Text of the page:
“Affirmative action is the most important anti-discrimination technique ever instituted in the United States. … Affirmative action, by all statistical measures, has been the central ingredient to the creation of the Black middle class.”
Those words from congresswoman and former Equal Employment Opportunity Commission chair Eleanor Holmes Norton appeared in Essence magazine 30 years ago. The facts haven’t changed, but our use of affirmative action, particularly in higher education, has changed.
Race does matter in college admissions, at least for the moment, as we wait for decisions in two cases before the U.S. Supreme Court that could change everything. Race is often used as one consideration in college admissions for this simple reason: Race can often provide insight into a person’s life experiences, the challenges they’ve faced and overcome, and what they bring to the table for the benefit of everyone else at the university. Resilience, creativity, and empathy, for instance, might prove more important qualities than having the highest MCAT scores when it comes to being an effective physician.
Race-conscious admissions evolved from true affirmative action as it was labeled in the 1960s. The original idea was to use policies to level the playing field and help overcome centuries of injustice and barriers to education and jobs for those disadvantaged because of their race, gender, religion, and national origin — the greatest number at that time being African Americans and women. Many have argued that while giving preferences to a select group based only on their race, sex, or ethnicity sounds like a terrible idea, the world we live in has given preference to one group. And in many ways, it still does.
In 1978, the Supreme Court outlawed set-asides and quotas in the Bakke ruling, but the court did find a compelling state interest in the benefits of diversity and allowed race to continue to be considered in college admissions in some cases.
Twenty-five years later, the court mostly reaffirmed Bakke in the 2003 Grutter case but did strike down points-based systems and required universities to consider applicants individually and more holistically.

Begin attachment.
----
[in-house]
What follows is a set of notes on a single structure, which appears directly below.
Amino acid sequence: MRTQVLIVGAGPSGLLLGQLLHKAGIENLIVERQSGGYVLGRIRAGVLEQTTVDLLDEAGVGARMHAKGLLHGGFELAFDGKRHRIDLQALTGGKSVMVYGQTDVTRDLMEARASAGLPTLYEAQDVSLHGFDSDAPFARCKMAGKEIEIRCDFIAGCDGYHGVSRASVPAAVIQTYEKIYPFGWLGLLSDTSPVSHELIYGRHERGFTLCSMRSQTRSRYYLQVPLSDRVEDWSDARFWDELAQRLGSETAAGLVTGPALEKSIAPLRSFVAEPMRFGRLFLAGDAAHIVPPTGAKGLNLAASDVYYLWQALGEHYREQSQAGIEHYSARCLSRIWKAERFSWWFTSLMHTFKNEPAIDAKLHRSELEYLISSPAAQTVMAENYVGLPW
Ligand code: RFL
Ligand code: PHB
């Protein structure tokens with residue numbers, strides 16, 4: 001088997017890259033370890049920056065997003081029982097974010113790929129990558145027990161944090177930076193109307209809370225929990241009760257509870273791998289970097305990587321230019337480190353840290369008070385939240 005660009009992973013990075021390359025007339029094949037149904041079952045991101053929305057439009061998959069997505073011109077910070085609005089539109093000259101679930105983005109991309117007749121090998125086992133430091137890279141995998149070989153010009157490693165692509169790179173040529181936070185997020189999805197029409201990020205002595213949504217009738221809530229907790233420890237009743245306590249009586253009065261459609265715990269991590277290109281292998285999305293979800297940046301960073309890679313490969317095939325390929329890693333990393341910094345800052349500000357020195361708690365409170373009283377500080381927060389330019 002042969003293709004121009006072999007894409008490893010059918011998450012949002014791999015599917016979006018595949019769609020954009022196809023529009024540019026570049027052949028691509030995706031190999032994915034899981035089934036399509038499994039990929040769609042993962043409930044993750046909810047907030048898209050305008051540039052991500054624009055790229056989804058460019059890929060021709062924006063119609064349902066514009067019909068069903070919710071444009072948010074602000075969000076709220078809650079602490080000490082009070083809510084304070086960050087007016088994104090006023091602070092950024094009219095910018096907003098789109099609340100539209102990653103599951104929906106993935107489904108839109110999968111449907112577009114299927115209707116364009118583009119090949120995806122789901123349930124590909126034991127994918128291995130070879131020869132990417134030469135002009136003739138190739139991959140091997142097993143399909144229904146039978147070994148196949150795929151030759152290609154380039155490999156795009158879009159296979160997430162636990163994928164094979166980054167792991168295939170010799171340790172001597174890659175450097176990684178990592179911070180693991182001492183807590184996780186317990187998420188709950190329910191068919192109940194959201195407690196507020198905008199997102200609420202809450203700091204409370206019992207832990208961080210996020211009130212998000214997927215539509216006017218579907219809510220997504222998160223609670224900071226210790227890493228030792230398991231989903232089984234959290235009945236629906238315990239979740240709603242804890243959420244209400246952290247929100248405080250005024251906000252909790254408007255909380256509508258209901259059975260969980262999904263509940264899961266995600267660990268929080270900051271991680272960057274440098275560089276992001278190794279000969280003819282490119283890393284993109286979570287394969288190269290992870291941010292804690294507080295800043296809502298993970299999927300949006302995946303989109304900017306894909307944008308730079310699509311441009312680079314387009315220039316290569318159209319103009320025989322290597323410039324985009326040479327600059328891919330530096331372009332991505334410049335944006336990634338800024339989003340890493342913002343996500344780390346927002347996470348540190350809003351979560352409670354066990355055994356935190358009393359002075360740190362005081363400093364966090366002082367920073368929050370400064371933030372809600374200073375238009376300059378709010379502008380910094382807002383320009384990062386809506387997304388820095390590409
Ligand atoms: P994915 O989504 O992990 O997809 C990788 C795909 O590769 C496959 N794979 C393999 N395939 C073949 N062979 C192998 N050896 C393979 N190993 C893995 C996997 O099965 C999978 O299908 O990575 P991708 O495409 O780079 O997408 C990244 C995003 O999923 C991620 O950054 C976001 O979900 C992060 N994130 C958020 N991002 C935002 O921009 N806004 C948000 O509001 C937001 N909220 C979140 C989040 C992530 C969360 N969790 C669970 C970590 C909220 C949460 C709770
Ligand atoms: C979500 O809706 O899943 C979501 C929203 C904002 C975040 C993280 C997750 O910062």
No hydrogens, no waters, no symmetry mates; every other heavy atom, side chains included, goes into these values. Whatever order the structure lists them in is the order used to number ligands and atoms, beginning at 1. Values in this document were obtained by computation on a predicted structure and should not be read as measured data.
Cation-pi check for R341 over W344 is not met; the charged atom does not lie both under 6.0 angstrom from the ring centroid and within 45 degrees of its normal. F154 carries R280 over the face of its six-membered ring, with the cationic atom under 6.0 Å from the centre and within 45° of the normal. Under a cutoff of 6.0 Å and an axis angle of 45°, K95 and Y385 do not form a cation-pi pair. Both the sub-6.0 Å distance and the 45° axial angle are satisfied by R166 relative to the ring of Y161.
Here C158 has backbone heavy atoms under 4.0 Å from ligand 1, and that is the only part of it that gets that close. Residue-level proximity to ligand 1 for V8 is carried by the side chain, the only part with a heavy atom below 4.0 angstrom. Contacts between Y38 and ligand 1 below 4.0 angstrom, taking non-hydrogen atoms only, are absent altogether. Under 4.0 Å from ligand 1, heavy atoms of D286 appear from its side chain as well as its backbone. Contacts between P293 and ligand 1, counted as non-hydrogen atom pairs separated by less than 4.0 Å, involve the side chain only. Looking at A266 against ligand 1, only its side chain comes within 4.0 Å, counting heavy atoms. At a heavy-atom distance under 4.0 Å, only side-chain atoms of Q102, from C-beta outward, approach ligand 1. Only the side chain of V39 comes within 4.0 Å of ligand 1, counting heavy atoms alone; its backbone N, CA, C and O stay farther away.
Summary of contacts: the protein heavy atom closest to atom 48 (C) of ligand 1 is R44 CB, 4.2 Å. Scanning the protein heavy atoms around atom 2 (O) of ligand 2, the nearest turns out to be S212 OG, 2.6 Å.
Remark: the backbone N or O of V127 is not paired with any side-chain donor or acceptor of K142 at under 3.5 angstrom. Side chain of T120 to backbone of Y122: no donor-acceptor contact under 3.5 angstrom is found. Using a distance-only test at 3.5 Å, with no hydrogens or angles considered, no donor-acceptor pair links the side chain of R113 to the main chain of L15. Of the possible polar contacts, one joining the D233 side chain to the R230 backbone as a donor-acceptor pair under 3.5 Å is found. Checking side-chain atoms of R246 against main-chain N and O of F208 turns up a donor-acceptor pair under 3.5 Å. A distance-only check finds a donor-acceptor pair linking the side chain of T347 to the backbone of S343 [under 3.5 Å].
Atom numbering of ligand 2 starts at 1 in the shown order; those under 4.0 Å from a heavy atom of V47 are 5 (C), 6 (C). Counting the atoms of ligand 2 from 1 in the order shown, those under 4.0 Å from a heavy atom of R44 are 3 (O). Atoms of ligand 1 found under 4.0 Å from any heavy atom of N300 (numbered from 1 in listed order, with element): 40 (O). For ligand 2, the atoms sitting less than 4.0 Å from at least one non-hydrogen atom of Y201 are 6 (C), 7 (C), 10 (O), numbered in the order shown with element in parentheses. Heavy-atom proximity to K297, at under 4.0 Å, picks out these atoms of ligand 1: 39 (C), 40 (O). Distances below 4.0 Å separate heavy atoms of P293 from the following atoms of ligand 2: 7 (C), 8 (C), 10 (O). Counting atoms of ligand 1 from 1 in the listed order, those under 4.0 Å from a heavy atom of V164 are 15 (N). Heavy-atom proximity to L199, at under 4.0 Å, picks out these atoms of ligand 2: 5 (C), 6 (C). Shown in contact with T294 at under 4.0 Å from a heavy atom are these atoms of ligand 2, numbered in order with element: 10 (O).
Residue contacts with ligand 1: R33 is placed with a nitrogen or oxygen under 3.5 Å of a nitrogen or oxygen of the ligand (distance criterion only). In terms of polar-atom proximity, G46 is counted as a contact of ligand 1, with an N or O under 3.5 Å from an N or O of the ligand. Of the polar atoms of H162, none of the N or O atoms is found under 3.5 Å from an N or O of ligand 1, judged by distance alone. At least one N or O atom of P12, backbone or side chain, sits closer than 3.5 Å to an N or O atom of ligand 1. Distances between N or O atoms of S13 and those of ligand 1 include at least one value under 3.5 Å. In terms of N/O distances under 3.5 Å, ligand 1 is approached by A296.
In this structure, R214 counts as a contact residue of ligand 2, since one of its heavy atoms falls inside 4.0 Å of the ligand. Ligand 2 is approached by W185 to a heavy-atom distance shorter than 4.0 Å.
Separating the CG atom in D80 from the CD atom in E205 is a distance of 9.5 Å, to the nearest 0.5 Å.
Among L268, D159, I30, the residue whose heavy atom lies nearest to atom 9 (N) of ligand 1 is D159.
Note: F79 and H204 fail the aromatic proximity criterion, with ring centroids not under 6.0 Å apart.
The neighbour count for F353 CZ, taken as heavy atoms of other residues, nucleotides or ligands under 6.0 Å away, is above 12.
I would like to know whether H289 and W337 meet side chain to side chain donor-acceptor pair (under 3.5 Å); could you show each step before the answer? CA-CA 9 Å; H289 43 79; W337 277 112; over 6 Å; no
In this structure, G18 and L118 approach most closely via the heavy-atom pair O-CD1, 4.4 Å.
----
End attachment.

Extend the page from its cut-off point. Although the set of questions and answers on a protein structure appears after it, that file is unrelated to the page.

The cases before the justices now — which could be decided any day — involve the University of North Carolina, a public university, and Harvard University, private. Both cases are brought by the same group, Students for Fair Admissions. The plaintiffs allege Harvard imposed a limit on the number of Asian students admitted, ignoring superior academic performance. Harvard denies that, saying a large majority of the 40,000 applicants it receives each year for just 2,000 spots are highly qualified, so the university applies other criteria as well, such as essays and personal references.
During oral arguments last October, there were quite a few questions about an “endpoint” for considerations of race. Chief Justice John Roberts also pointedly stated that if universities were not allowed to consider race when recruiting diverse student bodies, “then maybe there will be an incentive for the university to, in fact, truly pursue race-neutral alternatives.”
We already have some idea of what the impact might be on higher education if the court bans the use of race in admissions, because 10 states already do that. Immediately after California’s Proposition 209 went into effect in the late 1990s, enrollment of students from underrepresented minority groups dropped 12 percent systemwide, and from prestigious Berkeley and UCLA it dropped by about 60 percent.
Something very similar occurred at the University of Michigan. Following that state’s ban in 2006, Black student enrollment dropped from 7 percent to a little over 4 percent today. And what happened to those students who didn’t get into UCLA and Michigan? Critics say it’s likely most of them were accepted at less-prestigious institutions, creating even more competitive environments there.
President Bill Clinton said in 1995 that affirmative action should not go on forever. It should be retired, he said, when its job is done. But the numbers show that the job isn’t done. It’s estimated that in 2036, just 13 years from now, half of U.S. high school graduates will be people of color. But a 2022 McKinsey study showed that at the rate the country is going, it will take 70 years for American higher education enrollments to reach parity with their states’ populations of underrepresented minority students.
How are the University of Maryland, Baltimore’s (UMB) enrollment efforts faring, and what plans are being made to react to a potential court decision? UMB Chief Equity, Diversity, and Inclusion Officer and Vice President Diane Forbes Berthoud, PhD, MA, and Patricia Scott, assistant vice president for enrollment administration and university registrar, shared their thoughts and ideas on the June 15 edition of Virtual Face to Face. Watch the entire discussion by accessing the link at the top of this page.